Several of you noticed that the numbers you end up with in the matrix always add up to 10 - to fit in with NRICH's 10th anniversary! A whole group of pupils from Gorseland Primary School worked hard on the first matrix in pairs, discovering how it works, making their own and solving this problem. They found this solution for the first matrix:

George from Greenwich solved the second and third matrices as well. For the second one, he says:

The numbers on the sides are the eight magic numbers, they are 1.7, 0.3, 0.1, 2.6, 0.2, 1.7, 1 and 2.4. The eight numbers add up to 10 and they fit in place:0.2 | 1.7 | 1 | 2.4 | |

1.7 | 1.9 | 3.4 | 2.7 | 4.1 |

0.3 | 0.5 | 2 | 1.3 | 2.7 |

0.1 | 0.3 | 1.8 | 1.1 | 2.5 |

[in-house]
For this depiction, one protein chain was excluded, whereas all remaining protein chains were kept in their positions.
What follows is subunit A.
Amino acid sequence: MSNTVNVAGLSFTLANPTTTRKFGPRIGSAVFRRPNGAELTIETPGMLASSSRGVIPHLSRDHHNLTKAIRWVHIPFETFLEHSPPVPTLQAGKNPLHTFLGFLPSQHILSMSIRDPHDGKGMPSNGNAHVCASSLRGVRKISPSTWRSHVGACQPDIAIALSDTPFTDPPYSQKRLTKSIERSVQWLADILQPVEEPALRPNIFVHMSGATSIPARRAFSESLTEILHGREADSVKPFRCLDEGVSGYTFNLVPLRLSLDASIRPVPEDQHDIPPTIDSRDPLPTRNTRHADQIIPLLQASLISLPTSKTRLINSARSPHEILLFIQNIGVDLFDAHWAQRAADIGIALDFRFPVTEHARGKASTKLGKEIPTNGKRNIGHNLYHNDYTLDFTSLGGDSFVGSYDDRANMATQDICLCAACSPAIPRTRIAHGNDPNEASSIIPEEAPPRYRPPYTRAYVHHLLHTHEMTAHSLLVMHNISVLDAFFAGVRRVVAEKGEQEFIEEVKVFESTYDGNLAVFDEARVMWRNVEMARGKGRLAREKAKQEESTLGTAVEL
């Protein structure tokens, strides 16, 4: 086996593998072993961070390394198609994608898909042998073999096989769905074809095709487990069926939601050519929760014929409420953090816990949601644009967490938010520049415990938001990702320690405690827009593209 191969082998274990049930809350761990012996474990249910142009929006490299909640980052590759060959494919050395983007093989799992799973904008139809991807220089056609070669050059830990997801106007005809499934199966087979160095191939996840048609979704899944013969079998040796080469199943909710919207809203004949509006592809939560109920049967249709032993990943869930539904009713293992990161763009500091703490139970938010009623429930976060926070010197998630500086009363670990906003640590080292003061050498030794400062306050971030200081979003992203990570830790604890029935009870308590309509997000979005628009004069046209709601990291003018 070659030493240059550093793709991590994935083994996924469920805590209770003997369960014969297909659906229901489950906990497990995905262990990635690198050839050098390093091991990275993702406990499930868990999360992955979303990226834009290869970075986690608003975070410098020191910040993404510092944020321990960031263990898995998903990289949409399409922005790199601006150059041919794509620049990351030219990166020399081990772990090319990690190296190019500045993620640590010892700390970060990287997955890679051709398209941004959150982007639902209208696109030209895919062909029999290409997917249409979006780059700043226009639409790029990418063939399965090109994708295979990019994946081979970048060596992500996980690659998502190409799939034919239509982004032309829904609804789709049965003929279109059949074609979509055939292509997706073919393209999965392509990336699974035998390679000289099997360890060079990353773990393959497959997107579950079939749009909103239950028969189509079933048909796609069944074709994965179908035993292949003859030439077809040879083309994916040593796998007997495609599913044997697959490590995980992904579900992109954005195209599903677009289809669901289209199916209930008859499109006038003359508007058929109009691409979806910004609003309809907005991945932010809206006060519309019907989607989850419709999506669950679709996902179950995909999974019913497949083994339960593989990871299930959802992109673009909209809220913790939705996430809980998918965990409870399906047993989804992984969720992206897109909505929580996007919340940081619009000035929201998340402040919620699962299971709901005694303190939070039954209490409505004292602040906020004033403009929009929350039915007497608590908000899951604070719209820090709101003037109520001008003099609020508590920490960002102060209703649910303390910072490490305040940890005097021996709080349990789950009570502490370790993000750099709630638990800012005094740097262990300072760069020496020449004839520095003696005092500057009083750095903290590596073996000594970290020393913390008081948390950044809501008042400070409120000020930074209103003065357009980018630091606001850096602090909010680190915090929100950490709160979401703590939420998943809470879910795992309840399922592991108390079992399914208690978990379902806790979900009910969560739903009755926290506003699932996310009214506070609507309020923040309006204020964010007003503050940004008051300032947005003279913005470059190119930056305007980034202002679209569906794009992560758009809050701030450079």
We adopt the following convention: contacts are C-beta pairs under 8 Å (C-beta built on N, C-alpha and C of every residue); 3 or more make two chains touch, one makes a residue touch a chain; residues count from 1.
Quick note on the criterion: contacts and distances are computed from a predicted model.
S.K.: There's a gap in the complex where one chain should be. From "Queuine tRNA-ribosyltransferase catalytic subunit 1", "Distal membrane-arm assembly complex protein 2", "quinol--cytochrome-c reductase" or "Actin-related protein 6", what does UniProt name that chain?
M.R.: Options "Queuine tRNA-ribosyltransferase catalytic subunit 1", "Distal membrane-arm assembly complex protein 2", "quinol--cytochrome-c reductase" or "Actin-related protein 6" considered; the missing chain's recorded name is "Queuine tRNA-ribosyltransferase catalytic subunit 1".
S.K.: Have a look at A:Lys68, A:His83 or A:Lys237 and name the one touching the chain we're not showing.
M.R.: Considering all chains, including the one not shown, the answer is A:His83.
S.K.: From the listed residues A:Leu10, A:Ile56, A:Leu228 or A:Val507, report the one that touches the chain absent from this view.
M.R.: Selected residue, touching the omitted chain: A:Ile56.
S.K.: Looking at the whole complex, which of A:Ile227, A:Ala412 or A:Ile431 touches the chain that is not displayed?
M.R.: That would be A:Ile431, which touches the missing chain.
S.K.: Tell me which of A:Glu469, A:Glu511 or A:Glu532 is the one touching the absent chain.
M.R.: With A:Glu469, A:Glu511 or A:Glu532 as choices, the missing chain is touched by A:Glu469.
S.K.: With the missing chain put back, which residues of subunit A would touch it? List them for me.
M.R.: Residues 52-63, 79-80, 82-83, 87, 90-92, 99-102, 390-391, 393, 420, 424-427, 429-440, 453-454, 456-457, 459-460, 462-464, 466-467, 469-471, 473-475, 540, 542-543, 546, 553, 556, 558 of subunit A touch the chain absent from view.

2.6 | 2.8 | 4.3 | 3.6 | 5 |

For the third matrix, George says:

What you have to do in the first step is convert all the fractions to a common denominator to make it easier. The common number is 12. This is the solved grid below. As you can see, the eight numbers are 8/12, 6/12, 19/12, 27/12, 5/12, 9/12, 30/12 and 16/12. They add up to 10 as well.6/12 | 19/12 | 27/12 | 5/12 | |

8/12 | 14/12 | 27/12 | 35/12 | 13/12 |

9/12 | 15/12 | 28/12 | 36/12 | 14/12 |

30/12 | 36/12 | 49/12 | 57/12 | 35/12 |

16/12 | 22/12 | 35/12 | 43/12 | 21/12 |

You can check that this is the same as the matrix in the problem! Excellent George, thank you for sending in your solutions.